The DASH diet has been shown to reduce the risk of sudden cardiac death on the order of approximately 13% decrease in 10-year Framingham CVD risk.[9]  It is helpful with weight loss, it lowers hsCRP levels relative to usual diets (comparably to other healthy diets), and it also offers therapeutic benefit for a wide range of other clinical conditions, including the following:[10][11]

  • Abnormal lipids[1]
  • Cerebrovascular disease[12]
  • Heart failure[13]
  • Colon and rectal cancer chemoprevention, and likely prevention of other cancers as well[14]
  • Insulin resistance and diabetes[15]
  • Urolithiasis (kidney stones)[16]
  • Gout[17]
  • Kidney disease[18]

Clinical Considerations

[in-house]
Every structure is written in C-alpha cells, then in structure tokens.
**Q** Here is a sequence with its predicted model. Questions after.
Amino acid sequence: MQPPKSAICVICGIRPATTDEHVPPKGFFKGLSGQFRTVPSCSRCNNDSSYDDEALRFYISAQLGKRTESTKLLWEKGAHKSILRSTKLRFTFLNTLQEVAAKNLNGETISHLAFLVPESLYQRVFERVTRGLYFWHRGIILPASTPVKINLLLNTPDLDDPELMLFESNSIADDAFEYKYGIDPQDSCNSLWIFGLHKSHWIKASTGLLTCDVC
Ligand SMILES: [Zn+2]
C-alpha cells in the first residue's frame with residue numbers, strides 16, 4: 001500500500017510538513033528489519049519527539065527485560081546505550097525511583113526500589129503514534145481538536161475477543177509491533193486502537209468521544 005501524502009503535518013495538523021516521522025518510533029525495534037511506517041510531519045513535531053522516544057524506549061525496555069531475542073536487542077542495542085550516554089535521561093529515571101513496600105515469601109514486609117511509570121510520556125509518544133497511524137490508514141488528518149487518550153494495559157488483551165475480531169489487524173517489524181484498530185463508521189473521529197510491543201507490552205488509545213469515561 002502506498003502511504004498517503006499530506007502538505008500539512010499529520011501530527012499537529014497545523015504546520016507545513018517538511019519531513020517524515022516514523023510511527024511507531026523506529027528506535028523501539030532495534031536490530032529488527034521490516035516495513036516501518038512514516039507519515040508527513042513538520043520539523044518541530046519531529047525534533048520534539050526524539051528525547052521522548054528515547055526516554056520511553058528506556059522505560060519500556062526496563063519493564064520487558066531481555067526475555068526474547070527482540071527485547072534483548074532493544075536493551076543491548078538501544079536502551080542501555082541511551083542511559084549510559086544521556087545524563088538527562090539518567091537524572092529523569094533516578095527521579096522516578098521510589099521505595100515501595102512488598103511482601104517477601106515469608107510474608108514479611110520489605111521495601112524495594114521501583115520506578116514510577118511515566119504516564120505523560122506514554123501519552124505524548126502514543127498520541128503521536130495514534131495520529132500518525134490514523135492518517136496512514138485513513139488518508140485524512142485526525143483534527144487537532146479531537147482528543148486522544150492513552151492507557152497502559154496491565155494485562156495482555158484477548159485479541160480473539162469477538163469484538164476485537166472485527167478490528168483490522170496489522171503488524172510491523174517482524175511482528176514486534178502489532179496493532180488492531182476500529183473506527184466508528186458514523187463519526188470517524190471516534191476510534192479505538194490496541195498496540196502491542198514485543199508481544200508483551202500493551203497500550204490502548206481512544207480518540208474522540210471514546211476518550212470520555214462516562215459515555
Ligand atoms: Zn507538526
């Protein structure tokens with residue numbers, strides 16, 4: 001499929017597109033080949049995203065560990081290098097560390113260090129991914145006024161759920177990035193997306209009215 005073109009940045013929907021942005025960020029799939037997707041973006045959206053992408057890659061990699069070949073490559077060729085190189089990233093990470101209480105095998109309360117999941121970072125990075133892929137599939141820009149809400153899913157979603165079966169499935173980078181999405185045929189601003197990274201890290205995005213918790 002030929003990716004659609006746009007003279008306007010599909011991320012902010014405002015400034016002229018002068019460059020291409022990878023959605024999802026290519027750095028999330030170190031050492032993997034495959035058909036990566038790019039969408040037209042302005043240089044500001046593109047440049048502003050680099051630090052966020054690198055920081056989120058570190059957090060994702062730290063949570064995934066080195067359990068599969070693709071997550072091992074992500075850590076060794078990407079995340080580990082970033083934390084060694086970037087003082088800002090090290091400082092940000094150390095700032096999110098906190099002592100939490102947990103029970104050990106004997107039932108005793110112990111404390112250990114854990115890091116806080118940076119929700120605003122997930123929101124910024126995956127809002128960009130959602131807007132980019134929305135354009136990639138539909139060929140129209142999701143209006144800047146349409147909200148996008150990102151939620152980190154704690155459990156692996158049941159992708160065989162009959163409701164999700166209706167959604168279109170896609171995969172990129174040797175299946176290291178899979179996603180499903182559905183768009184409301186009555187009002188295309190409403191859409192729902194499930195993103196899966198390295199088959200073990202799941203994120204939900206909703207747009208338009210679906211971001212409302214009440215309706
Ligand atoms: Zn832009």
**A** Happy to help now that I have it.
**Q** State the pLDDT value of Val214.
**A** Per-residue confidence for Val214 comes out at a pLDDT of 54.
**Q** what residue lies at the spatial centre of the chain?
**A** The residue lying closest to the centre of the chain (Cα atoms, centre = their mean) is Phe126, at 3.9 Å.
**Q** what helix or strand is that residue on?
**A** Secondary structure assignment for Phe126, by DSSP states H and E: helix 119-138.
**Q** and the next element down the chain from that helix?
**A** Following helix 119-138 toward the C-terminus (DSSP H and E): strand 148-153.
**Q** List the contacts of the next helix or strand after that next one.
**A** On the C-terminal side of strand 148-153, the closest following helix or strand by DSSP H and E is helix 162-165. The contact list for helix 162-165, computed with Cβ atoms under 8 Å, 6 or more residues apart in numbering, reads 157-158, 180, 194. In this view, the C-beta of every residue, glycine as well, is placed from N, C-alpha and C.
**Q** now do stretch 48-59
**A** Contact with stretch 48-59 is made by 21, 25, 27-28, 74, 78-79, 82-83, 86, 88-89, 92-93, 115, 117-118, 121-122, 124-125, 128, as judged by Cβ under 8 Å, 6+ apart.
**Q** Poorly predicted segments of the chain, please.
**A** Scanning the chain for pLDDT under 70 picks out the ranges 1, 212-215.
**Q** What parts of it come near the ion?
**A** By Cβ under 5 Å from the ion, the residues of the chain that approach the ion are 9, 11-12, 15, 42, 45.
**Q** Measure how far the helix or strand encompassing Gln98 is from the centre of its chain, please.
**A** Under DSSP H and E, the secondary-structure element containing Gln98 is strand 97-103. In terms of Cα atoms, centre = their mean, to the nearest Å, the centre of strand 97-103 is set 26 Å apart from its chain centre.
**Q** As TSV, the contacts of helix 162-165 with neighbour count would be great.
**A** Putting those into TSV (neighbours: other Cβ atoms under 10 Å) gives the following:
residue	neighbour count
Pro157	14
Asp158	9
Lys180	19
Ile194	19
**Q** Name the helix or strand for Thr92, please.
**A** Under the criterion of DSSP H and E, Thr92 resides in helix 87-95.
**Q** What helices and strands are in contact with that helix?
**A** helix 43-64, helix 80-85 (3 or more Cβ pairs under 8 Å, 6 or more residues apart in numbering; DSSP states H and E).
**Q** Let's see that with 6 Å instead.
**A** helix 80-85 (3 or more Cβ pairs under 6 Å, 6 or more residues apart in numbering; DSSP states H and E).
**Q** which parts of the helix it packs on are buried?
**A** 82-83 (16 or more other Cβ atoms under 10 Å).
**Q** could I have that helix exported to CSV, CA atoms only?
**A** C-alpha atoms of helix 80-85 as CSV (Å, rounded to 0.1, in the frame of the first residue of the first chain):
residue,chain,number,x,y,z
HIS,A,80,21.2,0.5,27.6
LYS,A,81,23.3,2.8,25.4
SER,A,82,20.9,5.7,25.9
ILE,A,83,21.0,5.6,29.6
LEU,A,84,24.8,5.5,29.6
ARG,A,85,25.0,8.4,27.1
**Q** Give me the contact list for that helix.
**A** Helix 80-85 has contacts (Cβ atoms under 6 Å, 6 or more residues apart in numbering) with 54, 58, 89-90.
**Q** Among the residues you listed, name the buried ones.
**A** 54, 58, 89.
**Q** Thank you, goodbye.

• Ramp up fiber intake slowly, so that people can avoid becoming gassy or bloated.
  • Keep food allergies and intolerances (e.g., lactose intolerance) in mind as you tailor this diet to individual needs.
  • Not every healthy food is included. For example, most DASH diet guides don’t cover avocadoes.  Some foods are included but may not be the best choice for their category.  For example pretzels are classed as grains but don’t have a lot of fiber or nutrients.[19]
  • Different people tolerate salt restrictions differently. It may help to titrate daily amounts down gradually.
  • Consider combining DASH diet recommendations with those of other diets, such as the Mediterranean Diet, which also has great evidence supporting its use.

Summary

  • The DASH dietary pattern is supported by a wealth of research data
  • Following DASH may result in lowered blood pressure within a week
  • Long-term, a DASH eating pattern helps reduce risk for heart disease, stroke, colon cancer and insulin resistance, among other illnesses

Author(s)

“The DASH Diet” was written by Russell H. Greenfield, MD, and updated by J. Adam Rindfleisch, MPhil, MD (2014, updated 2020).